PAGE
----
However. If you love boats or ships of any sort, or if you’re interested in maritime history, then, obviously, you must go. And if you like museum-ology, that would also make this place a must-see.
The Maritime Industry Museum has vast potential. I hope they unlock it someday, though it’ll take a passionate curatorial voice and direction, and a very large grant, to make it happen.
A quote from a guy who works at a set design firm based in the Navy Yard today: “This building built ships and now we build Saturday Night Live in it.”
BLDG 92 is the vowel-challenged, fascinating, historical center of the Brooklyn Navy Yard. It tells the story of the Navy Yard through artifacts, an interactive tabletop, and a comprehensive timeline. Continue reading “BLDG 92 at Brooklyn Navy Yard”
The Museum is home to the Alan Govenar & Kaleta Doolin Tattoo Collection. The current modest Gus Wagner show is like a teaser for what they might be able to do once material in the collection (Wagner’s notebooks and such) is conserved and stable. I was sad to learn the Staten Island Tattoo Museum is no more, so I’m hopeful this enables the Seaport Museum to fill that gap.
The South Street Seaport Museum just celebrated its 50th anniversary, and its establishment contributed to the survival of a collection of historic buildings in the face of Lower Manhattan’s relentless pressure for development. The museum includes a print shop (worth visiting; great cards), the museum building proper, and the “street of ships,” a collection of historic vessels, several of which are open for tours when the museum is open.
The museum itself is still not fully back on its feet following 2012’s Hurricane Sandy. This is unfortunate because a significant part of the museum’s space is not currently open, and the exhibits on display now are long on words and short on artifacts — the science fair school of museum displays, wherein you might as well just read about it on the internet. Told that way, even something as fun as the story of an early 20th century tattoo artist is only so engaging.
Until it fully reopens, the museum by itself is not worth the time or $12 to visit. However, the museum also offers the chance to tour the lightship Ambrose and the tall ship Wavertree. And the museum also runs the sailing vessel Pioneer (which needs to be booked separately) which is an awesome way to get out on the Harbor.
I only had time to visit Wavertree, but she’s impressive. Immense, steel-hulled, and built in 1885 as a cargo ship, Wavertree just completed a massive restoration effort that has helped put her back in seaworthy condition. The brief public tour gives a taste of what life was like for sailors (i.e., tough) and the officers (i.e., less tough) aboard. She’s still a work in progress, which is interesting too: there’s always staff or volunteers performing some work or other on her.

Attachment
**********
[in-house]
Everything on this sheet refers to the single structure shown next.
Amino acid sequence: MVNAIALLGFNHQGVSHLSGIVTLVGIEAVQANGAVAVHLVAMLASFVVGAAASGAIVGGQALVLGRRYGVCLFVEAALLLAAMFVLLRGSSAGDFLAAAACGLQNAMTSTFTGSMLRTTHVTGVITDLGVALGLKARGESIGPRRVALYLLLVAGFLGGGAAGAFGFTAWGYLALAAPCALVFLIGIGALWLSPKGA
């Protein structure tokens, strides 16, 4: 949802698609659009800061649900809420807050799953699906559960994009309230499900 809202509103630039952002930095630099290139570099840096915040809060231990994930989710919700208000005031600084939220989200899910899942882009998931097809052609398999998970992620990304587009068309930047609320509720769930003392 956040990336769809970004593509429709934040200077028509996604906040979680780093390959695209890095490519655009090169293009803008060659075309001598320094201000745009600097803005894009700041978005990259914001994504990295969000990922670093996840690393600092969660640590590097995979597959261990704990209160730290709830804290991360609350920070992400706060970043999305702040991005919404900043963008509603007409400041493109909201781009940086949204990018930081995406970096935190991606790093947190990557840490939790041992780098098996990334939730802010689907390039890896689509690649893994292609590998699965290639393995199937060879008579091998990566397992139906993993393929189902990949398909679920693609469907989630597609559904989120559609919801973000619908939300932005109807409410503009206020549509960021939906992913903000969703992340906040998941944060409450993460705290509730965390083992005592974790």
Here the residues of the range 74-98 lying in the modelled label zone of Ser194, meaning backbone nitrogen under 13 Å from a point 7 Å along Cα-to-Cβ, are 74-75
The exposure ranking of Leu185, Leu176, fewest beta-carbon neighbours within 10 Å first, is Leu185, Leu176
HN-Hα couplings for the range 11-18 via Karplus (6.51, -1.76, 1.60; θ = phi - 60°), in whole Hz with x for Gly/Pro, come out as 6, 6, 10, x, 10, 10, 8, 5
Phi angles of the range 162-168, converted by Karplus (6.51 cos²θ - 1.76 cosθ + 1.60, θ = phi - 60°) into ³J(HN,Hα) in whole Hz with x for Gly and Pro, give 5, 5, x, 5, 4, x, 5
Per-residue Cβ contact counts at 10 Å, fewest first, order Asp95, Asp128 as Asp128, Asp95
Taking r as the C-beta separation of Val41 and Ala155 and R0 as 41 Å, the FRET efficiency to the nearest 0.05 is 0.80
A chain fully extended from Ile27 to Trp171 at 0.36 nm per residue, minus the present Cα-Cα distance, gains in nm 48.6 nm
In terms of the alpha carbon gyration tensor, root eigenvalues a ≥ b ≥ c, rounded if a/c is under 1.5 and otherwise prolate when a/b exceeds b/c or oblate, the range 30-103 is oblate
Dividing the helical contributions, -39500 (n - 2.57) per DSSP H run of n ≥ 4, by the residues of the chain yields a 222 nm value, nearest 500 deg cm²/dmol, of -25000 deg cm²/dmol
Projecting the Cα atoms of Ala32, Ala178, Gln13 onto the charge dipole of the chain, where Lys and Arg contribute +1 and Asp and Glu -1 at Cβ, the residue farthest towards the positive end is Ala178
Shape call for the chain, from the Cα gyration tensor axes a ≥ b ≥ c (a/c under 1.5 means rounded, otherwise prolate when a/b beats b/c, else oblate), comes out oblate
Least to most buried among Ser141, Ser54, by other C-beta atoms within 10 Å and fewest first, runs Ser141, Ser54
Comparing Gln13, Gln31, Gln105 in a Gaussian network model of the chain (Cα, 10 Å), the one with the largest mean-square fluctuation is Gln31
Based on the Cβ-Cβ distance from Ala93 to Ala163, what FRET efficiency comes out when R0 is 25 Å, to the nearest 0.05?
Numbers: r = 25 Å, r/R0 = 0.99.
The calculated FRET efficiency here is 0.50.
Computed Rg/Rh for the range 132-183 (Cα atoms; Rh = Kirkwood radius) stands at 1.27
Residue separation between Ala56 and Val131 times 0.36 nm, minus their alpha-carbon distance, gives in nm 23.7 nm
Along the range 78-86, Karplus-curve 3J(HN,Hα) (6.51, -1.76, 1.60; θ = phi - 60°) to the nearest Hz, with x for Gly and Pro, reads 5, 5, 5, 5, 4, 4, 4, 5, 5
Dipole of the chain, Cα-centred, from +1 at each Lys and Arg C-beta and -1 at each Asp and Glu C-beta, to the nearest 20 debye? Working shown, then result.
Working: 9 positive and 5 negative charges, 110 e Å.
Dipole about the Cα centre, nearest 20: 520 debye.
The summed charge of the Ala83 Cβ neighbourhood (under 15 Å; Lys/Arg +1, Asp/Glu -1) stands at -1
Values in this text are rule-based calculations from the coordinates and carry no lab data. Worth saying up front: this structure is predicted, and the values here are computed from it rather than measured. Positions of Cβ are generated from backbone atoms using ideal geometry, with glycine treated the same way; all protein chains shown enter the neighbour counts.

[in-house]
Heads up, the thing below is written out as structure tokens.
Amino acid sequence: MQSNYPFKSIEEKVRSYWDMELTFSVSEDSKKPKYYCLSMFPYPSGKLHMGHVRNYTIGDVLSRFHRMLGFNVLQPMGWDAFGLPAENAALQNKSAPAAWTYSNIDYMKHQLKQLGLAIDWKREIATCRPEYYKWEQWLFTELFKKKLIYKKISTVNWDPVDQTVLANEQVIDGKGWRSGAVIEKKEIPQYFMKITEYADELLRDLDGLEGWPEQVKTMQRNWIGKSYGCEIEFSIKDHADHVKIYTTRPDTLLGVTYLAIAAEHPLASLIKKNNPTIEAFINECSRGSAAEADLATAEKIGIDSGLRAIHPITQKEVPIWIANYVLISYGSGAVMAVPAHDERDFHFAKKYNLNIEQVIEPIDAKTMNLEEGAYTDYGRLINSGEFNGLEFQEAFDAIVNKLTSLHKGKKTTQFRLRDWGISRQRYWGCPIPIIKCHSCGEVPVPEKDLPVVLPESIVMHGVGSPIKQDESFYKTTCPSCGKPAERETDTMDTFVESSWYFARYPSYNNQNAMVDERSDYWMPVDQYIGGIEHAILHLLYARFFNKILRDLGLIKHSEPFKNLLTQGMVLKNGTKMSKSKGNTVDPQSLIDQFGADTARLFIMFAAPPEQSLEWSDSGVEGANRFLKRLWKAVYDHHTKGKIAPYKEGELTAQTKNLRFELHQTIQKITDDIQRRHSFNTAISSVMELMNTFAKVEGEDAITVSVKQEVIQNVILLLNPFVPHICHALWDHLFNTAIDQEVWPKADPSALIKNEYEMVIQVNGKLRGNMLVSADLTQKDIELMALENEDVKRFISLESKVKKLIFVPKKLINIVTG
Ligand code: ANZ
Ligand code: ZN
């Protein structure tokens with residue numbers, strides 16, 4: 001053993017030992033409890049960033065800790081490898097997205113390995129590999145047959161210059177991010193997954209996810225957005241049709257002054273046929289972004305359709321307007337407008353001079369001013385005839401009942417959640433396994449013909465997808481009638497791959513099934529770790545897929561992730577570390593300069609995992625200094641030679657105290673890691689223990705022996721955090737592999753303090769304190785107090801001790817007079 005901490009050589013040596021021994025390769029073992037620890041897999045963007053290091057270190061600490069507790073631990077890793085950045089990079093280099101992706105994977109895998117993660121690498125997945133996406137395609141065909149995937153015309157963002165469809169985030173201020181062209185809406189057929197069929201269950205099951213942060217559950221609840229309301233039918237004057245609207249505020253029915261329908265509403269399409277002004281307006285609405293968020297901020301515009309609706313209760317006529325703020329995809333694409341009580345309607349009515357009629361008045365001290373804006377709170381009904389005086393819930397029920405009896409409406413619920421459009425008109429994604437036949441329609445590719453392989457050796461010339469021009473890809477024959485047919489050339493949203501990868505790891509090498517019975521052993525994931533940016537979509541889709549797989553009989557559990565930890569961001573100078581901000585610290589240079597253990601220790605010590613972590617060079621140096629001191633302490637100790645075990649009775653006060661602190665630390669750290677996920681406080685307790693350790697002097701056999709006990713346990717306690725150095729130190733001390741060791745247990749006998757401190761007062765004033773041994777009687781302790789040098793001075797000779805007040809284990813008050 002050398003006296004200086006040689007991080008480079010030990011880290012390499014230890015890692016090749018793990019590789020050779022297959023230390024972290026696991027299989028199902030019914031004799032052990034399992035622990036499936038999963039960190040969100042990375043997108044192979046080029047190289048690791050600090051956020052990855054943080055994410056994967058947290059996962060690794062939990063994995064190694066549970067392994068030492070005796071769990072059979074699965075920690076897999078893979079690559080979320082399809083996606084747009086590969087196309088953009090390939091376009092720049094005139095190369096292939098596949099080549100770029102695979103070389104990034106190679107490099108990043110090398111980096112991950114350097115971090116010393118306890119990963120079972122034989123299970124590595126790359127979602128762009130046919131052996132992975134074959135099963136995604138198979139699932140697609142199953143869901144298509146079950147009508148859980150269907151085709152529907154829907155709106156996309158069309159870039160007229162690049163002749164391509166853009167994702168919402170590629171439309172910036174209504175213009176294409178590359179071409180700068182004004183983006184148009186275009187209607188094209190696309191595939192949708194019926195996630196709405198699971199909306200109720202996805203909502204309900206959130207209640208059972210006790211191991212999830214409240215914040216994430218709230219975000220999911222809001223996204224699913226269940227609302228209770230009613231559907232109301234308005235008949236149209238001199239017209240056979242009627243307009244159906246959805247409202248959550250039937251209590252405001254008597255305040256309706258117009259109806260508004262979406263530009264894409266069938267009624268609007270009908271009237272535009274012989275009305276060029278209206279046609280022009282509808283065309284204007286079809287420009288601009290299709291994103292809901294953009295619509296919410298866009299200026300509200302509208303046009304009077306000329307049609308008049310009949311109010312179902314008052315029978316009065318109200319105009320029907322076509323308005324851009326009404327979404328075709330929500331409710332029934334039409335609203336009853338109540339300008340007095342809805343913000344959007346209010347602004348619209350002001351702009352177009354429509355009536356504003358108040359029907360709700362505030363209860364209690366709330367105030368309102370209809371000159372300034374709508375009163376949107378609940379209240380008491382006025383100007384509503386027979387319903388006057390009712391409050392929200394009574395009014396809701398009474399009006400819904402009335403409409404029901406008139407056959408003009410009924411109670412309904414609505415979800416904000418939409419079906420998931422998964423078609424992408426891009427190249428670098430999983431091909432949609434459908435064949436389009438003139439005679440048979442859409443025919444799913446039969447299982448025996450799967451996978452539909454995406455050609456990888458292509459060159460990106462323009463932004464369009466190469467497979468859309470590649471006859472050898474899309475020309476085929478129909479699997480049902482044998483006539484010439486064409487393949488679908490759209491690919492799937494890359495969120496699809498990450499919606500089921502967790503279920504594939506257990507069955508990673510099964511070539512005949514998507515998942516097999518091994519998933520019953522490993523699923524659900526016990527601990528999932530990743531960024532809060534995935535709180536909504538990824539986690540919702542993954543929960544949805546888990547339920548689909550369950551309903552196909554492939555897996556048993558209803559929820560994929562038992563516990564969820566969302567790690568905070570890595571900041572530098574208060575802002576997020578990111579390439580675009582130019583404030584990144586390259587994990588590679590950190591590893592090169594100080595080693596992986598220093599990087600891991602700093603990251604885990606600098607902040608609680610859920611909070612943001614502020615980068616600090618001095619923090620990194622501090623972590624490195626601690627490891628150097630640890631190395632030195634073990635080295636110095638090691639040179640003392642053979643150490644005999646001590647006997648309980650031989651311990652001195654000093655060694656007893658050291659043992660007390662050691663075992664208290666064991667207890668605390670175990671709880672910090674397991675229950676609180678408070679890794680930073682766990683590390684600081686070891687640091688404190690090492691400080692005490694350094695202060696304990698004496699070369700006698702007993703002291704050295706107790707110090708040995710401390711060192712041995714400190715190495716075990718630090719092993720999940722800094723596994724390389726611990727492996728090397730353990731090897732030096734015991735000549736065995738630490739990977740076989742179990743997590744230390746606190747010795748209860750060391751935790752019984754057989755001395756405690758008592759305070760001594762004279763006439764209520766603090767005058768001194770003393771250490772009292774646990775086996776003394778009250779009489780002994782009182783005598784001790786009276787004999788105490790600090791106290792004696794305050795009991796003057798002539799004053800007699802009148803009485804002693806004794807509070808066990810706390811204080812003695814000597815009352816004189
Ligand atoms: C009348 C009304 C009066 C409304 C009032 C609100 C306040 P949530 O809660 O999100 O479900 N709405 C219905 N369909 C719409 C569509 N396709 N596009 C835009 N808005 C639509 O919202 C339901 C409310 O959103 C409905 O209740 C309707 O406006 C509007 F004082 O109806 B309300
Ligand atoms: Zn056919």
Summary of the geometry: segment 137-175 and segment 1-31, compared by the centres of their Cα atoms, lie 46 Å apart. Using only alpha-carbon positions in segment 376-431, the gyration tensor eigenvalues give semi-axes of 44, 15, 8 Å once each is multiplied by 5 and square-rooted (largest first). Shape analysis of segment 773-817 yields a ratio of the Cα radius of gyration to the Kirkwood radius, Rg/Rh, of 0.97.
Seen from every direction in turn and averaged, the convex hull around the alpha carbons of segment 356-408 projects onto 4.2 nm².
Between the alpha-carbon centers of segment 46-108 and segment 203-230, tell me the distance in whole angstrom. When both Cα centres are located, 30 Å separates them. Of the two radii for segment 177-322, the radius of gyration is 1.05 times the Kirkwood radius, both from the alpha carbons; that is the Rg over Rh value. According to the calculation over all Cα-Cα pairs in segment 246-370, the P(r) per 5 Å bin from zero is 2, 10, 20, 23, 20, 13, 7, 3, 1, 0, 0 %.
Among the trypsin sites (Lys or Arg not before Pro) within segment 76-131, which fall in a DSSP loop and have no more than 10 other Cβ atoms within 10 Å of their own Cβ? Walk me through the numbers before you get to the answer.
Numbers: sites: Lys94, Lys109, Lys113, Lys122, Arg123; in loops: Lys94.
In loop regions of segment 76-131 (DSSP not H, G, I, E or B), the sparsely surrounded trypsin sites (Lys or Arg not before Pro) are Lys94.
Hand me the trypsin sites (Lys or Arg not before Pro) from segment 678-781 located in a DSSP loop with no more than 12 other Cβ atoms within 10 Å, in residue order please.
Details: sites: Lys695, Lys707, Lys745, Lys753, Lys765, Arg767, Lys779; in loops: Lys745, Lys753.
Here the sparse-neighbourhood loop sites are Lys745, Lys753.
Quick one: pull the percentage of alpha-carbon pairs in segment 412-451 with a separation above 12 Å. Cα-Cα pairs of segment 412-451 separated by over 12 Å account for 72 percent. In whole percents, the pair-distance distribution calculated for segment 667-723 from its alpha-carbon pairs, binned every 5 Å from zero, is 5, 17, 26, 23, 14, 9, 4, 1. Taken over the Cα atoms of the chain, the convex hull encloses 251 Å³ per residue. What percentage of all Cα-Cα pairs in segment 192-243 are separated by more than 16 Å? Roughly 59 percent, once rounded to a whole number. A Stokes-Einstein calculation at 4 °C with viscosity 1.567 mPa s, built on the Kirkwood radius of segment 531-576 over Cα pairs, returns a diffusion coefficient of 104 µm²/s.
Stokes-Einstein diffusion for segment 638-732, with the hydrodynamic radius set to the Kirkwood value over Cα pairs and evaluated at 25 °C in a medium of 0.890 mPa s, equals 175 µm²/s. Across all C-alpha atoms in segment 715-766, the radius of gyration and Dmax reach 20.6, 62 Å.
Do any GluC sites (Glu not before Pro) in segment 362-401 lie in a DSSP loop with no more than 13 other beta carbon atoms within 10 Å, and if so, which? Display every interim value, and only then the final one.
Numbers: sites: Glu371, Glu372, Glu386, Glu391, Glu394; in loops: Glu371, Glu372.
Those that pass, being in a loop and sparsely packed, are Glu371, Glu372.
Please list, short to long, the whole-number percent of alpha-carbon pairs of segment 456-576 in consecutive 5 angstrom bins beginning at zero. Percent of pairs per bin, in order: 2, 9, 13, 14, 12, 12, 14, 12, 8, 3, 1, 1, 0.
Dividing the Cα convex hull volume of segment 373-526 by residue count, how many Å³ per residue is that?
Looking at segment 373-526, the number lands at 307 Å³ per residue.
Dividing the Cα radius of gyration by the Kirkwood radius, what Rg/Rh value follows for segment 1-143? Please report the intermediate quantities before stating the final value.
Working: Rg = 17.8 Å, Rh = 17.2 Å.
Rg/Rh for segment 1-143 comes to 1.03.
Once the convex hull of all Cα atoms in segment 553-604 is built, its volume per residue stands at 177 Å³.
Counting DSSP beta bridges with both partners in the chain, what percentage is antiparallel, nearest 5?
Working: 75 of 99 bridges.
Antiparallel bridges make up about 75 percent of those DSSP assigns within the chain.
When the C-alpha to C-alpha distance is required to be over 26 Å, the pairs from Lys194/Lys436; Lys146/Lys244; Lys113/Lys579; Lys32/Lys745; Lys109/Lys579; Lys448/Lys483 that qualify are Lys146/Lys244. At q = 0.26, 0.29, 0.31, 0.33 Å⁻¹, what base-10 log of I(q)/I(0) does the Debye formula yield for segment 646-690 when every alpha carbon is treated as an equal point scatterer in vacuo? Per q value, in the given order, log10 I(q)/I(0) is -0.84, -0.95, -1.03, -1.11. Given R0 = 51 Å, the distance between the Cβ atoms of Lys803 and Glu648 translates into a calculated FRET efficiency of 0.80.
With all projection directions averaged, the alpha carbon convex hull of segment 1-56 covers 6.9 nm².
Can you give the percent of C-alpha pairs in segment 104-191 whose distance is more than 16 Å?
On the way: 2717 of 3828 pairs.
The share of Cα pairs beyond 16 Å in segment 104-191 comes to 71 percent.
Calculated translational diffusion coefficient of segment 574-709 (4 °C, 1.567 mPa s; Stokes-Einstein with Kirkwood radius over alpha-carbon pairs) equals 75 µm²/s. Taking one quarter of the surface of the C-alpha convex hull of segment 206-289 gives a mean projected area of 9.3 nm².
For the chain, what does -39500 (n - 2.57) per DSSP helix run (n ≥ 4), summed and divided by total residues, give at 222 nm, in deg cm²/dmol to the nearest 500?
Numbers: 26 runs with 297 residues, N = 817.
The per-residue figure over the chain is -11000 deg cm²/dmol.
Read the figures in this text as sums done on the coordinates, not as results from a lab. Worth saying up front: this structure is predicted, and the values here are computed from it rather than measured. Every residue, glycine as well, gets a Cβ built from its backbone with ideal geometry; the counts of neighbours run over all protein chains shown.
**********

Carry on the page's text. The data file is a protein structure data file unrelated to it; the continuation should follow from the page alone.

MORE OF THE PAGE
Ambrose is a lightship, which was a sturdy class of ship used as a floating lighthouse, in places where terrestrial ones weren’t feasible. She went into service in 1908 and helped ships navigate the entrance to Lower New York Bay until 1932.
The collection is completed by two sailing vessels, Lettie G. Howard and Pioneer, and an adorable wooden tugboat named W. O. Decker.
I want to be more enthusiastic about the Seaport Museum than I am. I love ships, the sea, and the city’s history. South Street Seaport is about as central as it gets, while many of the city’s other maritime museums are in far flung locales like Staten and City Islands. Still, in its current state, it’s operating at only a fraction of its potential, and having two historic boats to tour only goes so far. With regret, the best I can muster for it is a lukewarm nod to anyone with an interest in those topics.
The largest Fresnel lens in the U.S. was installed at Makapu’u Point Lighthouse on Oahu in Hawai’i in 1909. It was made in France and was featured at the 1893 World’s Columbian Exposition in Chicago.
The National Lighthouse Museum is a museum in its infancy. Located a short stroll from the ferry terminal in St. George, Staten Island, the museum describes the history, technology, and design of lighthouses. Continue reading “National Lighthouse Museum”
John Noble made his art in a houseboat studio that he cobbled together, Frankenstein’s Monster-like, out of sundry boat bits and bobs over years. The Collection acquired his studio, restored it beautifully, and moved the whole thing into a room in the building, where you can peek inside.
This museum suffers from a misleading name. I walked into the Noble Maritime Collection expecting a dark basement full of dusty old nautical stuff, with a stuffy aristocratic bent. Instead, the collection occupies three light-filled, airy, beautifully restored floors of Building D at Sailors’ Snug Harbor.
It covers four main topics:
The life and art of John Noble, for whom the collection is named and who primarily made prints and drawings that captured the life of the harbor.
The founding and establishment of Snug Harbor in the early 19th century
The lives of sailors who retired to Snug Harbor
Robbins Reef Light, and Kate Walker, the remarkable woman who served as lighthousekeeper for over thirty years.